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I recently came across another COVID-19 related article I simply could not ignore. The article, which dealt with educators tackling truancy for online classes during COVID-19, immediately grabbed my attention.
Professionals at a particular school board were “…worried students learning online may be missing hundreds of hours of lessons during the COVID-19 pandemic.” They also said, “…many students registered for online learning are not engaging in their classes”, and “…they’re just sort of dropping off the face of the earth, so to speak…” In fact, it was stated that “…the school division doesn’t know where they are.”
It should be obvious that this issue is not restricted to this particular school board. It is largely a COVID-19 lockdown problem, but then again, was this another problem that existed all along and was simply under the cover of the school system? A clue was provided when it was revealed that this school board hired four new social workers and intends to hire five more – for a total force of twenty – for the purpose of:
• “…(helping) to bridge the online learning issues and engage students and parents
• (welcoming) them back into the classrooms
• (making) sure to get them going on that learning journey from wherever they were at now.”
There was concern that perhaps these online students did not have the proper equipment or internet connection, or there was competition for limited resources. It was also stated that children really wanted to be back in a classroom at school, which may indeed have been the case when schools were forced to close, yet does not apply to the 32% of students who opted out of virtual classroom instruction to do actual online courses.
The solutions being offered in this article were a classic example of dealing with the symptoms rather than the cause. It was suggested that the government provide more free technology, and predictably, the Alberta Teachers’ Association (ATA) urged the government to hire more teachers under the guise that more teachers would mean less students per teacher and thus reduced susceptibility to exposure to the virus. I am not sure how this applies to children at home. In any case, no mention was made of the fact that all teachers are mandated to pay union dues and any increase in teachers would benefit the ATA!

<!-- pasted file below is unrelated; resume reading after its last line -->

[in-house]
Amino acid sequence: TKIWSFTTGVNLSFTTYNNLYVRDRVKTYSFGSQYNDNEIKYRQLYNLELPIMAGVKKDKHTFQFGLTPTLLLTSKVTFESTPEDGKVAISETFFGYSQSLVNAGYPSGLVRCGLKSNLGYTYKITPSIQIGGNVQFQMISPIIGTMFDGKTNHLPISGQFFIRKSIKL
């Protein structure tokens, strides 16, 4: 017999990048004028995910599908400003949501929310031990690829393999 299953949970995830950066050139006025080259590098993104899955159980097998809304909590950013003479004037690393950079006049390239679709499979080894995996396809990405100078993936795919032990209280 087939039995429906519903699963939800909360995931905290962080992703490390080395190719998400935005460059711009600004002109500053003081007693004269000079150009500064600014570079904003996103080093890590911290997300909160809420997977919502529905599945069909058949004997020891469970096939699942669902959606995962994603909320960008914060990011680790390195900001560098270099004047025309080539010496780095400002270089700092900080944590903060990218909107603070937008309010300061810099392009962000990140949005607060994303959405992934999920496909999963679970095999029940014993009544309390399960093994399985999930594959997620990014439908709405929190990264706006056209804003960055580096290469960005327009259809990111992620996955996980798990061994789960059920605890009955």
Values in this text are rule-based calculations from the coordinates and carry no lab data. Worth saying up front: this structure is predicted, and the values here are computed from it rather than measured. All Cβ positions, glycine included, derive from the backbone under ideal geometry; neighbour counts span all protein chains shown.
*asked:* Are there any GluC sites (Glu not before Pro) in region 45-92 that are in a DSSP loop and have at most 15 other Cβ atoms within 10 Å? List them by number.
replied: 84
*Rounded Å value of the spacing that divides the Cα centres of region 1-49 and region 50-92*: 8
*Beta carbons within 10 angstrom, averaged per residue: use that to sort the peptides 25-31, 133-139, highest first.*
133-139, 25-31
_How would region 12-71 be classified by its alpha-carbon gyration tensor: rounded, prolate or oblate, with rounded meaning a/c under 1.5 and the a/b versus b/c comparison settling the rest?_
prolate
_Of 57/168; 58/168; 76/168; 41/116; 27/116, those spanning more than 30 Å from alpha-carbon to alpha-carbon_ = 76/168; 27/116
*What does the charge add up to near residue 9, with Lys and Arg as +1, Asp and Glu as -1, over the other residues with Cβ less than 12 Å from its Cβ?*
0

Neither of these solutions will change much as neither addresses the fact that when schools lost their control over mandatory classroom attendance, they were made vulnerable to exposure.
As students were sent home or chose to do their classes online, teachers, programs, methods, content, ideologies, etc. were seen, evaluated and found to be wanting by parents who had previously left everything up to the school.
How many times have you heard your child say, “Why do I have to learn this?” or “When will I ever need this in life?” This is a universal question asked by every student. Home educating parents and teachers are immediately able to explain and will either coerce the student into compliance, or realize the child has a good point and change course.
However, when the student is being taught virtually at home, this universal question does not get answered. If parents get involved in explaining why the student needs to “learn this stuff”, they are accused of interfering with the professional teacher who is not likely to hear the question in the first place.
How does the system fix this? Simple. Hire more people to normalize school as the standard deliverer of all things educational and do what’s necessary to “encourage” parental compliance.
Actually, there is a very simple and practical solution to students being “truant”. Make it a permanent “problem” by bringing the children home and teaching them meaningful, practical, applicable skills that will actually help them in their lives.
It is time for parents to reclaim their authority in education, in keeping with clear directives from God, and common sense. Home educated students are never “truant”. Neither are students made truant by the government mandate to stay home, online programming or not.